Wednesday, October 7, 2009

The YES MEN are back, fixing the world at Film Forum (after doing it on HBO)

"Forget your troub-
les -- come on, get happy!" sings out the soundtrack over the opening credits for THE YES MEN FIX THE WORLD, that continuing saga of the smart and cheeky twosome who love to play pranks on the sleazier side of corporate America. What? You ask what side of corporate America isn't sleazy? We'll go into that another time. For now, let's concen-
trate on the laughter that this movie will evoke in those who have kept up over the decades with Union Carbide and Bhopal, Milton Friedman and his acolytes, Halliburton and Exxon, Hurricane Katrina and HUD.
Gosh: talk about high-profile romantic couples!

The Yes Men is the combined a.k.a. of Andy Bichlbaum (above, right) and Mike Bonanno (above, left), two talented and funny guys who have created this naughty pair, given them the agenda of going after some of the worst of our big league corporations and then, together with co-director Kurt Engfehr, filming it all for posterity -- and the stock market, if only to watch it dip, briefly, after a prank has been played. Basically a continuation of their first film, The Yes Men (from 2003), this new one shows what the team has been up to since. I think they've learned a bit more about film-making in the meantime, if not "pranking," because their movie bounces about with even more zest than did their earlier one.

After Dow Chemical buys Union Carbide (of Bhopal infamy), the boys decide to officially announce to the world, while posing as Dow spokespeople, that the company now assumes full responsibil-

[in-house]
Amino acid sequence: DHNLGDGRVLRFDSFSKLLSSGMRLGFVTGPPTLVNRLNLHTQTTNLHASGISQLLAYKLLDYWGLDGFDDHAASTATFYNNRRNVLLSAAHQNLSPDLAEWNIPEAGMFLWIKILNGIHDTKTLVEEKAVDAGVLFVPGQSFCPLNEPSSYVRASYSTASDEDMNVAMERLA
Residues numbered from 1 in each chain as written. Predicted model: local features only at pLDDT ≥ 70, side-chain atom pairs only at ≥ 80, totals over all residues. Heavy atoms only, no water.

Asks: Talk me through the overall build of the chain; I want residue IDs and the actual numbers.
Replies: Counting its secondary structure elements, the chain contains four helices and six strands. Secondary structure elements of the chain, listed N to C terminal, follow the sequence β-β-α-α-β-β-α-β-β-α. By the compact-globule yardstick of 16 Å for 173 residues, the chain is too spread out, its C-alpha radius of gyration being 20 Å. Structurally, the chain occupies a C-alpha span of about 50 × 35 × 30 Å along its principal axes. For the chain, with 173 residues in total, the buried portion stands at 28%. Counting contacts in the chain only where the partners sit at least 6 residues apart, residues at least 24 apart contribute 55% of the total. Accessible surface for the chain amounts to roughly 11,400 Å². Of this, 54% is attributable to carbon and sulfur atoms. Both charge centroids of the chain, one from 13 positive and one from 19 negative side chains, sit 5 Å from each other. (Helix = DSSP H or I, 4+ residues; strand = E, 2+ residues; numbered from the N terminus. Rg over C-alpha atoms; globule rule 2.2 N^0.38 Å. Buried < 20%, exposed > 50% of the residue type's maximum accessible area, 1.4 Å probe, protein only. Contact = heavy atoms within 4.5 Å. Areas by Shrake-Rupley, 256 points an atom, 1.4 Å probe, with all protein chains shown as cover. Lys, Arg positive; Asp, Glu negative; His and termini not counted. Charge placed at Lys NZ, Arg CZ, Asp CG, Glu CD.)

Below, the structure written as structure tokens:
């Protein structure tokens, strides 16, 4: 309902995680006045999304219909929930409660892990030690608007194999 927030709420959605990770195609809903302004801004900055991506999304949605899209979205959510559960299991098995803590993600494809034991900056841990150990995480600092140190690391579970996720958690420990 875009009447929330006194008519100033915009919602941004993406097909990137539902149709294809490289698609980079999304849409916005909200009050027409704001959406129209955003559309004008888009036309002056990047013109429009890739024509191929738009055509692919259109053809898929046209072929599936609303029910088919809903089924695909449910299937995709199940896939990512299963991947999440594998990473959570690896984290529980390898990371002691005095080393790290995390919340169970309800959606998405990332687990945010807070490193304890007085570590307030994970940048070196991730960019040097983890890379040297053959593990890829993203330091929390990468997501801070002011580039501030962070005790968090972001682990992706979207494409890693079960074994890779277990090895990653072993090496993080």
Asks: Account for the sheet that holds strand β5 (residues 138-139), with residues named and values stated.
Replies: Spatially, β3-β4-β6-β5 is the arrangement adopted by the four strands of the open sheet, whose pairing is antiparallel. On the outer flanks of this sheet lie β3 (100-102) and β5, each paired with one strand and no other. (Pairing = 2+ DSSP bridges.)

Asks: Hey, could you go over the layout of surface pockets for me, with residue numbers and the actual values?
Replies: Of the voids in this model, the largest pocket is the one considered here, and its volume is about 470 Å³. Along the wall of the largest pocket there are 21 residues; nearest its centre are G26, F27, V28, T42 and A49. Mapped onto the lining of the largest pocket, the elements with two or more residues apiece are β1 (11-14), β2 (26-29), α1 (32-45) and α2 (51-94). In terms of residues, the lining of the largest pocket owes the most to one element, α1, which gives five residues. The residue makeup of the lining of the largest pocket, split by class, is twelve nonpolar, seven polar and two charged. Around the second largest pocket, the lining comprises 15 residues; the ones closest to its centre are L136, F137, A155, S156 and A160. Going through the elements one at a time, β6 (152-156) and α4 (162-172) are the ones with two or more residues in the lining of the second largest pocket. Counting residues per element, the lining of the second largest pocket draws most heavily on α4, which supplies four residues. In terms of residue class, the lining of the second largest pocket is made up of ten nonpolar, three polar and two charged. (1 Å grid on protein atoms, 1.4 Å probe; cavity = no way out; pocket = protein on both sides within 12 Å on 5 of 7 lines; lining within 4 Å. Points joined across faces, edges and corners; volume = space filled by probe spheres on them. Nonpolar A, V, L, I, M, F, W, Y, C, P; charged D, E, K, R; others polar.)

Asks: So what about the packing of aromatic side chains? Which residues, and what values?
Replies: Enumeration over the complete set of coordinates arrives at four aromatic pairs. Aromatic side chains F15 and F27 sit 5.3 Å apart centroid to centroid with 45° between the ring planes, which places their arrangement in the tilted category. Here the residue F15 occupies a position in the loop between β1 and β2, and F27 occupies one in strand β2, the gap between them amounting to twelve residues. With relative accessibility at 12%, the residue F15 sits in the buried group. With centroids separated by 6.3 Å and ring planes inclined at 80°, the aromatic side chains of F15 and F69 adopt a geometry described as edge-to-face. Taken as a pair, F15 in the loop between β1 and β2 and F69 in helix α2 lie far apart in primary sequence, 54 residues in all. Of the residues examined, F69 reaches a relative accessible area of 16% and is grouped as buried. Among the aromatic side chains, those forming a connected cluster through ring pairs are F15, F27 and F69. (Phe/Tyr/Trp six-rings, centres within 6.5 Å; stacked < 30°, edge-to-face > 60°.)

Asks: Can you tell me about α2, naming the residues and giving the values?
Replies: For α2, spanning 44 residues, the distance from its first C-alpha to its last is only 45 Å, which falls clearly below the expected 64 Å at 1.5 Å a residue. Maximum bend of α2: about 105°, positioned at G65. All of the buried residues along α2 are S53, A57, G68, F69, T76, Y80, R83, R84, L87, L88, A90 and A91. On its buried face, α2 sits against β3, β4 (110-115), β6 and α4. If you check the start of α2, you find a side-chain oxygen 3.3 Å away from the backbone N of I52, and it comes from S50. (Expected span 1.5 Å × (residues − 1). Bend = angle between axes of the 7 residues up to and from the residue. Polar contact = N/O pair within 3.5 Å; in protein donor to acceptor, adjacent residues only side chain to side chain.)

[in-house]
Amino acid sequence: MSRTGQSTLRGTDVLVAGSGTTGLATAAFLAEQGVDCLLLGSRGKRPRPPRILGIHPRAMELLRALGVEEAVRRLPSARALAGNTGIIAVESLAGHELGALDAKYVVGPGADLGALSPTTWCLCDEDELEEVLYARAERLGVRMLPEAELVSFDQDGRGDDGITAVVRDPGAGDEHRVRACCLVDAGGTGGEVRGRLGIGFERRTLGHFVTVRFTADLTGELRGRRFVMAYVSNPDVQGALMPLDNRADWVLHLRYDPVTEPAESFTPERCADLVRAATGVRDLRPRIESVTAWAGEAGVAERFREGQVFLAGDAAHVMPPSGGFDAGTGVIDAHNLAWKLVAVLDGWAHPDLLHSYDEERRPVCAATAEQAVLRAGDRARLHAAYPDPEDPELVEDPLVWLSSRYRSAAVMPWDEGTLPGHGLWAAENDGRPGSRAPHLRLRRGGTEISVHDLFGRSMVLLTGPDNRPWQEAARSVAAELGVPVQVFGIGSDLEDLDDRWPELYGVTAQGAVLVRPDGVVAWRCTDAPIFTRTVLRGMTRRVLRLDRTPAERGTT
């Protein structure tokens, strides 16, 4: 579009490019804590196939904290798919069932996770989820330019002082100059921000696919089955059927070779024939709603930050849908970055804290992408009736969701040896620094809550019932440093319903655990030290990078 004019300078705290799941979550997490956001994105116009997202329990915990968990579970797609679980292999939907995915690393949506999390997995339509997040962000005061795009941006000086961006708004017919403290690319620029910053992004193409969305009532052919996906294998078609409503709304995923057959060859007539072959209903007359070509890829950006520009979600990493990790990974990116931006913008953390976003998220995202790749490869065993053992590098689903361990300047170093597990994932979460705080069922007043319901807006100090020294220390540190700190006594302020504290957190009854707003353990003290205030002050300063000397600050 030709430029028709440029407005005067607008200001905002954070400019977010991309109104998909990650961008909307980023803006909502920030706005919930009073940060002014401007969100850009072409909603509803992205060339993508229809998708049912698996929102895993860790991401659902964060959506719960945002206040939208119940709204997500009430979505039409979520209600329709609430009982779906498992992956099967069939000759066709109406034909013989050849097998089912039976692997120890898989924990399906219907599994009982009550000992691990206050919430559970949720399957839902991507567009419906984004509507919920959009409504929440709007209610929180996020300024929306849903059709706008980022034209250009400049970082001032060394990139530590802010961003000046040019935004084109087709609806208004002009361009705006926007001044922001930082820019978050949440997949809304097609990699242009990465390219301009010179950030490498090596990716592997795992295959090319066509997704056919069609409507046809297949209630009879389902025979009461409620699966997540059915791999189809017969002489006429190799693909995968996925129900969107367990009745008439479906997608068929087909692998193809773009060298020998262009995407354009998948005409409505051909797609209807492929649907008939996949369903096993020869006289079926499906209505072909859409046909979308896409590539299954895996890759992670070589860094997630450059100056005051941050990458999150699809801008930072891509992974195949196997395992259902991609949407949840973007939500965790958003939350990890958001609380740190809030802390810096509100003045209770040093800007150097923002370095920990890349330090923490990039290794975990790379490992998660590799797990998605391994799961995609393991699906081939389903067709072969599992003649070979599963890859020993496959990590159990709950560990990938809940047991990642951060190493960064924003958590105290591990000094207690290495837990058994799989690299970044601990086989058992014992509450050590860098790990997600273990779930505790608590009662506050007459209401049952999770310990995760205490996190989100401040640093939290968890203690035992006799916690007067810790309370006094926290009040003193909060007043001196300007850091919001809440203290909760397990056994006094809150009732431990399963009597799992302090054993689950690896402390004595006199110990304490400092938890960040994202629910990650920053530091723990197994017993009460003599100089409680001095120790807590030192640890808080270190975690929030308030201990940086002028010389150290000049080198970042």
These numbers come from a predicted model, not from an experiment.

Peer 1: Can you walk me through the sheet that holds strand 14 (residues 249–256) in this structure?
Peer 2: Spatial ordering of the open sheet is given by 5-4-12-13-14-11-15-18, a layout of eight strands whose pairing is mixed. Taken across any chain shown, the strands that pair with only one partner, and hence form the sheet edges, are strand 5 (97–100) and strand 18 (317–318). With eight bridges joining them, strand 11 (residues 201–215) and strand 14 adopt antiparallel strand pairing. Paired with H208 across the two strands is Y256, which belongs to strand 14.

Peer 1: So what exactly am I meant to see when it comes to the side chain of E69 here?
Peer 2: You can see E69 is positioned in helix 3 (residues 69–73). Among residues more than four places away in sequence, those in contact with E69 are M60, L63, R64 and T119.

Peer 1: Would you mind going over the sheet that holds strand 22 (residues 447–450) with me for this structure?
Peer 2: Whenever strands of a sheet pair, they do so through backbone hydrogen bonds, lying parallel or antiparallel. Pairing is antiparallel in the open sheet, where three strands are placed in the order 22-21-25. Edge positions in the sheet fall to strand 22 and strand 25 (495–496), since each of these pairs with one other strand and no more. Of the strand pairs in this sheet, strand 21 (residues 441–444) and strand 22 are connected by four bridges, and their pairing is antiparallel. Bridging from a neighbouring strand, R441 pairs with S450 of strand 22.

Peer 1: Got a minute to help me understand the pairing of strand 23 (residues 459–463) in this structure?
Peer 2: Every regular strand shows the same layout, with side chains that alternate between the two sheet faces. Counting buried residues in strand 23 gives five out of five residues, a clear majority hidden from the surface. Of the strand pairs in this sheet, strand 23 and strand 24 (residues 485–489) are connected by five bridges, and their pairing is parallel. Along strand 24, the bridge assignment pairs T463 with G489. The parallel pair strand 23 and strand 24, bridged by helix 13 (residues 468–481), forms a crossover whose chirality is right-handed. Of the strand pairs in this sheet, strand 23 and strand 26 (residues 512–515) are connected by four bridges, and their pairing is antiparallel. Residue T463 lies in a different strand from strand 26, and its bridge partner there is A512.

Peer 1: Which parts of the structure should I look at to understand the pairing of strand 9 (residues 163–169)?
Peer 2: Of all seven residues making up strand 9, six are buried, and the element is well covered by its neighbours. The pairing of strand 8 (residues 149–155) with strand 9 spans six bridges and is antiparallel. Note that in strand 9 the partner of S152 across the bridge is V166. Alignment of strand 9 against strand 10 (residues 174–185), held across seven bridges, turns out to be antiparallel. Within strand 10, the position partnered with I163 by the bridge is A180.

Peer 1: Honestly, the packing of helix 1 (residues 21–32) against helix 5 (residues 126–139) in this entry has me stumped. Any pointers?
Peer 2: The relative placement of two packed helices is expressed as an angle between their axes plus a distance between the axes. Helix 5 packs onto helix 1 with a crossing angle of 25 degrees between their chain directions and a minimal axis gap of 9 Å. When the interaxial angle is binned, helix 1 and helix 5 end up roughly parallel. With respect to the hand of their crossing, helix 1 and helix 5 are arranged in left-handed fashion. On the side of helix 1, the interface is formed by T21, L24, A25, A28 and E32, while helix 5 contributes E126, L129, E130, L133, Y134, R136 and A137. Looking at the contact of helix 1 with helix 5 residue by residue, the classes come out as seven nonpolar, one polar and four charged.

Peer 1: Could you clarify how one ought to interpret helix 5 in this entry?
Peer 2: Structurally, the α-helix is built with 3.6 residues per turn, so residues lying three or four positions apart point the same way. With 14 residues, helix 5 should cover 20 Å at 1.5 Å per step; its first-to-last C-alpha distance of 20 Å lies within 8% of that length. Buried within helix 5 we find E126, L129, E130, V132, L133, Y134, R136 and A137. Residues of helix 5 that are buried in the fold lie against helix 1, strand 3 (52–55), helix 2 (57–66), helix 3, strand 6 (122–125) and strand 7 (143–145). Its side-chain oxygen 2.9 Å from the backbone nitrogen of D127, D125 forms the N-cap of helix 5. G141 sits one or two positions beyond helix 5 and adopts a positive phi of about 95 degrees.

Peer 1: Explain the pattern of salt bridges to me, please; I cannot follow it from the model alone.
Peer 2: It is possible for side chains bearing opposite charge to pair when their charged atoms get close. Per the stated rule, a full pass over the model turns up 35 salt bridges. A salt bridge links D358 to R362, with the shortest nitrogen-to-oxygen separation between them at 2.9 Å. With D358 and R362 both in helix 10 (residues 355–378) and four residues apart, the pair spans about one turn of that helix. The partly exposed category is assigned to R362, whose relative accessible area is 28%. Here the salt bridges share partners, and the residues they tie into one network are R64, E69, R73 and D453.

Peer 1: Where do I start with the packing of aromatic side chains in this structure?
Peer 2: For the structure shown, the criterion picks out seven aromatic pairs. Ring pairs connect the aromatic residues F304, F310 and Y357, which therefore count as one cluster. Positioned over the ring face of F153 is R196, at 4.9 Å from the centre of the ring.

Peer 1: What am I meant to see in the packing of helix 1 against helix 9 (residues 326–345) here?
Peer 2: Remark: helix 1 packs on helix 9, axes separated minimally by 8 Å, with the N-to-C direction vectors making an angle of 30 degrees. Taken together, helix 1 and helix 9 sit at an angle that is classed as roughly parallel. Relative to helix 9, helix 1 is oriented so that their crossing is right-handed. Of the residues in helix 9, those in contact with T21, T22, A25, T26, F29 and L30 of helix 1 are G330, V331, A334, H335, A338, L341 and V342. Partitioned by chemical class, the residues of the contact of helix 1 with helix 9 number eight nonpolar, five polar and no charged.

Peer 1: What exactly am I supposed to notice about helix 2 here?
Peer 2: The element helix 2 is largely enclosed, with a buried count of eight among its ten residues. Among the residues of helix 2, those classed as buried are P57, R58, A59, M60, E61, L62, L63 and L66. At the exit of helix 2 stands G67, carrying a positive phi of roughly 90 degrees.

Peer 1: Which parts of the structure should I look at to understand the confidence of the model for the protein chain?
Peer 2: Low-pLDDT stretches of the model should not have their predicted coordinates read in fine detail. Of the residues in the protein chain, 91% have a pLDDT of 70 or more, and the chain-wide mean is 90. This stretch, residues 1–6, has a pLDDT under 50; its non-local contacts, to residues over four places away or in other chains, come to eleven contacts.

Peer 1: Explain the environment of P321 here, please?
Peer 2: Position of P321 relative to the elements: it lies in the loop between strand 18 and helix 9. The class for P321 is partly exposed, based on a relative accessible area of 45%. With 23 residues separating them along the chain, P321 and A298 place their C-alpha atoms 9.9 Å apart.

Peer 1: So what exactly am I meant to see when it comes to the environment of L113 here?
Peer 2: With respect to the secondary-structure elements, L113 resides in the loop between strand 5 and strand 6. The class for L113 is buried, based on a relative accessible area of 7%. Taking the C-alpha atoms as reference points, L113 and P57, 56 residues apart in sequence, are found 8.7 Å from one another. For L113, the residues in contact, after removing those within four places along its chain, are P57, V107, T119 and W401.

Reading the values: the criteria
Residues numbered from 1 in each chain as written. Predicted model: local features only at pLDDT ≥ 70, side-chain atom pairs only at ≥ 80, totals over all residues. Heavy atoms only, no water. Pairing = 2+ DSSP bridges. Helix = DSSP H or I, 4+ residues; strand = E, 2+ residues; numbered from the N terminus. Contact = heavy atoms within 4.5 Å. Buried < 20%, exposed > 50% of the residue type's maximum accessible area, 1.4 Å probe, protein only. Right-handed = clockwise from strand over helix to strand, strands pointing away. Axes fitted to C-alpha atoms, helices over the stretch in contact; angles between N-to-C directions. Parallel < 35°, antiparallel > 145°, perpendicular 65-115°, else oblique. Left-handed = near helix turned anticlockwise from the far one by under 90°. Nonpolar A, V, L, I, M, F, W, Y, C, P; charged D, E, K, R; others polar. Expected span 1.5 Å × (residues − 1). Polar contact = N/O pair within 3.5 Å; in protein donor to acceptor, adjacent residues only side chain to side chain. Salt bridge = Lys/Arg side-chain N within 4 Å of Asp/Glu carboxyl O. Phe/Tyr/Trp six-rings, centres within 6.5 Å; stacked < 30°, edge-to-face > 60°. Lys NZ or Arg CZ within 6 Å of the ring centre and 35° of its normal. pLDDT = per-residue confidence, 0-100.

ity for the Bhopal disaster and will pay out twelve billion dollars in reparations to the victims. (It is at this point that the Dow stock takes a small seizure.) How they manage this, with DOW and other targets such as Haliburton and Exxon, and manage to make us laugh so heartily (for awhile, at least) is where most of the fun lies. Their interviews with the Friedman acolytes, all right-wing think-
tank folk -- against a blue screen for which they ask their subjects to pick the background -- leads to one of the funniest, if weirdly outre, jokes in the entire movie. (Are the Yes Men gay, perhaps?)

Underneath the laughter, there's a lot of pain, and I suspect the two men would be the first to admit this. Did not their joke on Dow and Bhopal prove a horrible one for the survivors who thought, if only briefly, that they were to be recompensed? Our guys go to Bhopal to learn the answer to this, and if the film can be believed, the Bhopal folks -- once they got over their disappointment -- were only too happy to see Dow and Union Carbide made fun of, and the whole horrible event back in the news again to cause as much trouble for these powerful and disgusting companies as possible.

And so it goes throughout the movie: The boys introduce Vivoleum, the new Exxon-invented fuel made from... shades of Soylent Green! Then it's off to New Orleans, where they announce that HUD, rather than continuing to raze the Katrina-damaged housing of the poor and replace it with homes for the wealthier, is finally going to do the right thing for the the homeless: fix the damage and let the people move back in. This is the only point in the movie where the Yes Men's audience bursts into a round of applause for someone actually doing the right thing.

The end credits close with one of my favorite new film-making categories: a list of "Thought Sylists," headed by Naomi Klein. As much as I enjoyed this film, I must admit that the taste of ashes was in my mouth by the finale. Nothing real is being done on any of the fronts "pranked" by the Yes Men, so while the converted can enjoy a good laugh at the expense of evildoers, the evil they do just goes on and on. Well, if we're past the point of no return, as so many environmentalists continue to tell us, I suppose we might as well laugh through our "end times."

After making its debut awhile back on HBO, The Yes Men Fix the World opens today at New York City's Film Forum for a 2-week run.

(Photos courtesy of Shadow Distribution.)

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